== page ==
Max Fury: My War Gone By (2013)

nickGarth Ennis returns to Nick Fury to deliver one of Marvel’s best Max releases. Ennis delivers a story that focuses on Nick Fury wrestling with his inner demons caused from years as a black op. The story begins in the modern day with an embittered and old Nick Fury confessing his battle scars into an old reel-to-reel recorder. Then, we’re taken to a time shortly after World War 2 where Fury believes everything started to go downhill. Shield is now just a pseudo name for CIA’s covert black ops unit. After World War 2, Fury and the readers discover that war has changed, and it’s now become a bureaucratic way of empowering various powers to be. So, a large portion of the story we see Nick Fury struggling with issues about rebels and the CIA creating unwanted revolutions, or the CIA is using the military to run drug deals in order to finance these hidden wars.

Meanwhile, there is rich character development. Garth Ennis peels back the veil and reveals Frank Castle’s motivation. All these black ops required men like Fury and Castle to shoot selected targets. This dehumanization and devalued regard for human life had blurred the lines that separate home from the war zone. When Castle returned home, all that changed was he got to select who his targets were. It’s how he made sense of the world.
frank

image

We also see Fury have a prolonged affair with a politician’s wife, Shirley DeFabio. Who is a secretary who escaped the mean streets of New York by using and manipulating men in powerful positions. Although their relationship was confined to a bedroom, they needed it so they could still feel something for another human life. However, Nick Fury knows that if he left the war zone to become domesticated he will inevitably follow Frank Castle’s suicide run. There are men who go fight in the war and come back relatively unscathed. Then there are men like Frank Castle, Nick Fury, and Barracuda, whose killer within awakens and their old self never comes back.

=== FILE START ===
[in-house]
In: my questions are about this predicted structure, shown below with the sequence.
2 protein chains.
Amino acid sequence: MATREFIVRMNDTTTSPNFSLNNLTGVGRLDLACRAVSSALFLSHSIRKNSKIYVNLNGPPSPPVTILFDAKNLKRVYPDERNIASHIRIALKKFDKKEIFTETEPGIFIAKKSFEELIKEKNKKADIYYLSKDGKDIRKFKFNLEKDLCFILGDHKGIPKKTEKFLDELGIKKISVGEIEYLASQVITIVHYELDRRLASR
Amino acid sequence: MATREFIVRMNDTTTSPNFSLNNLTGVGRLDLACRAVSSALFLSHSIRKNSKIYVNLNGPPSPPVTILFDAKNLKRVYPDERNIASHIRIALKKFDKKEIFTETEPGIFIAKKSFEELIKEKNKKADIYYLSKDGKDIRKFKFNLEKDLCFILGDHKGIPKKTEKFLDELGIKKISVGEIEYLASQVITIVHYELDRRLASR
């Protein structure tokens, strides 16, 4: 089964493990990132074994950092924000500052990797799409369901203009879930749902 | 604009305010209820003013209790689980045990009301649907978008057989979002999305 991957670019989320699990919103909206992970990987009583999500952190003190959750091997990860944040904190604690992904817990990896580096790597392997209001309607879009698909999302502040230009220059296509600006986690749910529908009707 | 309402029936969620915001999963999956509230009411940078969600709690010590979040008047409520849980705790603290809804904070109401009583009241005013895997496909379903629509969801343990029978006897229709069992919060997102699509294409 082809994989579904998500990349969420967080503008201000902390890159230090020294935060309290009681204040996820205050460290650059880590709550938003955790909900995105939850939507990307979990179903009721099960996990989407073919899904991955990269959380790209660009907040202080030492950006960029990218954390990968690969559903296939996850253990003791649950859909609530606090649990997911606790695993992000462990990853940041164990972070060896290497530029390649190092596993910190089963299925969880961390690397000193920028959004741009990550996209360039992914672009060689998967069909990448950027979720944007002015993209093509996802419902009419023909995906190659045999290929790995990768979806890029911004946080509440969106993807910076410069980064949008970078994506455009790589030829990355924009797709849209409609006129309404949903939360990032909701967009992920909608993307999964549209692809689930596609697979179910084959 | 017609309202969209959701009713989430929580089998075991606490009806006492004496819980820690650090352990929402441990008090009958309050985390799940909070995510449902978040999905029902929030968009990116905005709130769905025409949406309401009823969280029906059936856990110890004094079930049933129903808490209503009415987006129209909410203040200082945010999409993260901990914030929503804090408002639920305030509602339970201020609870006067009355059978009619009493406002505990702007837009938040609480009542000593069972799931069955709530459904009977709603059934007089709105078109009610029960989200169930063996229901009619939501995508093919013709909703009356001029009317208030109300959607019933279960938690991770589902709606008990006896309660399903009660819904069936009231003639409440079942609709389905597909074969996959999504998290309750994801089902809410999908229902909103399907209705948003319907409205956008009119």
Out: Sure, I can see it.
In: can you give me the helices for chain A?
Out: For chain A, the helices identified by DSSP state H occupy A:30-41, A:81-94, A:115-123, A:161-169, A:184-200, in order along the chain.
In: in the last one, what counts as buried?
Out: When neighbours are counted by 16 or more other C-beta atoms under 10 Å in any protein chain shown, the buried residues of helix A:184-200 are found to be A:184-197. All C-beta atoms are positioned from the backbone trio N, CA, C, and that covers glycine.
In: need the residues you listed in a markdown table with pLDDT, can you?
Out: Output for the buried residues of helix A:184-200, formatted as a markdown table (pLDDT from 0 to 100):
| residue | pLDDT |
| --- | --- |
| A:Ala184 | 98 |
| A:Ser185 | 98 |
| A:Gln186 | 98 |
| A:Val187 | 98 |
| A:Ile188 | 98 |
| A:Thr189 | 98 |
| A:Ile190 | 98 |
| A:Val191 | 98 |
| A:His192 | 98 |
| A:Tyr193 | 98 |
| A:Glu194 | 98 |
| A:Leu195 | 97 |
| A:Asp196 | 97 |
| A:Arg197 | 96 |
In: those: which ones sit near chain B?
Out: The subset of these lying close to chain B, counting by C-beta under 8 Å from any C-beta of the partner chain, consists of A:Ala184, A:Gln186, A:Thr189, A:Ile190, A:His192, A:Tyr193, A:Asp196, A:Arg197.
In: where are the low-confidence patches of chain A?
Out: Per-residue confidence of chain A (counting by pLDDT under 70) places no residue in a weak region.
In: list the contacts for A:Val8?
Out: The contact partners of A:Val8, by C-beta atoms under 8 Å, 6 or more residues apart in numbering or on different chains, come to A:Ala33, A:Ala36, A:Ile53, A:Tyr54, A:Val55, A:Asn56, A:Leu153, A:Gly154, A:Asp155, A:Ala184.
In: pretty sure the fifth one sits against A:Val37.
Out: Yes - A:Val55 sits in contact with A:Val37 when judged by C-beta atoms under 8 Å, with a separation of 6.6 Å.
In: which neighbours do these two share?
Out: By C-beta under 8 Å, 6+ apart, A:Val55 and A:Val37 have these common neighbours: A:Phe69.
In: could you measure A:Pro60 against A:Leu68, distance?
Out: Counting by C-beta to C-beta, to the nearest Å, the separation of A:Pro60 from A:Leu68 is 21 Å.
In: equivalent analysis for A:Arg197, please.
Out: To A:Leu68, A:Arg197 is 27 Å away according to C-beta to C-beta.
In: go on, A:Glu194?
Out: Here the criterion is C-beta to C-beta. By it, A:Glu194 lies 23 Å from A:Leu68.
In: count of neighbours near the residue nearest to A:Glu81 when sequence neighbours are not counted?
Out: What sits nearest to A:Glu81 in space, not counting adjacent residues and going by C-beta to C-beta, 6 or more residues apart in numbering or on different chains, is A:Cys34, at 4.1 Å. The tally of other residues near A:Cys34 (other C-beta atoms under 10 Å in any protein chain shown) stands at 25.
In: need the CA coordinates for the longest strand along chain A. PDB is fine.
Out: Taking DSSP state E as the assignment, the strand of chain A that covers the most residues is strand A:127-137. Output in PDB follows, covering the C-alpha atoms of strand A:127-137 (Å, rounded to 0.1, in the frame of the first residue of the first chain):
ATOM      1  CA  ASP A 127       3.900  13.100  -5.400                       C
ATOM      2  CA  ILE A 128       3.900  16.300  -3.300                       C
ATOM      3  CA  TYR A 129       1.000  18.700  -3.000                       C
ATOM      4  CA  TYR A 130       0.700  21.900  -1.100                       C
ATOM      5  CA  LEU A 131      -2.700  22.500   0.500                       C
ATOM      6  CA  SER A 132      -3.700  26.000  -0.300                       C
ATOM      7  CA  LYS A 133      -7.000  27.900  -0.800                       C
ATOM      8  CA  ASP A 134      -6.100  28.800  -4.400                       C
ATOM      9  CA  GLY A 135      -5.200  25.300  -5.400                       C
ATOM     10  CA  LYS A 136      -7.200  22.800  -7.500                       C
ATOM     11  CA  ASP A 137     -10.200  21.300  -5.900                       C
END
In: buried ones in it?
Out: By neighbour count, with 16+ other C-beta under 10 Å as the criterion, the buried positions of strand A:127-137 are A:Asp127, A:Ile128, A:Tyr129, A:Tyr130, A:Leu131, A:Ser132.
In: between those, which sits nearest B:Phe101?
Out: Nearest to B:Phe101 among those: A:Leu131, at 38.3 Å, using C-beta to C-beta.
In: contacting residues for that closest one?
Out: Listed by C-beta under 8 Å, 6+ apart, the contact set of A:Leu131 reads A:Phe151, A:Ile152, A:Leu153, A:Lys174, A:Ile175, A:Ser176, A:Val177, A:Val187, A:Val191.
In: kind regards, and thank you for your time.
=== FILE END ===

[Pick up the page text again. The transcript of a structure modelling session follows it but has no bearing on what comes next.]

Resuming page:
Although Garth Ennis has been accused of glorifying excessive violence by Stan Lee himself, it’s how he uses the violence and other mature aspects of the story that define his style. In this story in particular, he uses violence, sex, drugs, alcohol, and so on as red flags of a flawed individual. When Barracuda kicks a dead fetus at Nick Fury, it’s to horrify the readers and show how disconnected and apathetic these soldiers have become. There are graphic depictions of sex but this is the only intimacy we see throughout the whole arc. This is highlighted by when Frank Castle and Nick Fury are on a mission, and we have panels upon panels of complete silence. Garth Ennis also uses real world scenarios such as CIA and Contra forces trafficking coke for the rebels, or the CIA and Contra controversially funding and supporting freedom fighters in various Soviet controlled countries of the world. These real anecdotes pepper the story with more punch and make us question the mentality of a man who had to carry the weight of CIA’s dirty laundry.

Major praise should be given to the artist Goran Parlov for being able to hang in there for Garth Ennis. He managed to not flinch or shy away from the depictions of brutality. Also, Parlov was able to show our characters slowly age from head to toe, from a head of thick hair to thin and grey or from a perky toned body to a sagging and wrinkled sack of flesh. Although his art popped from the pages and was rich with detail, by the end the art made my hands feel dirty.

This is a great series which shows how to do a story for mature readers. It didn’t settle for merely giving the reader mature eye candy. Instead, it brought a lot of heavy political commentary to the table and spoke to the reader like they were adults.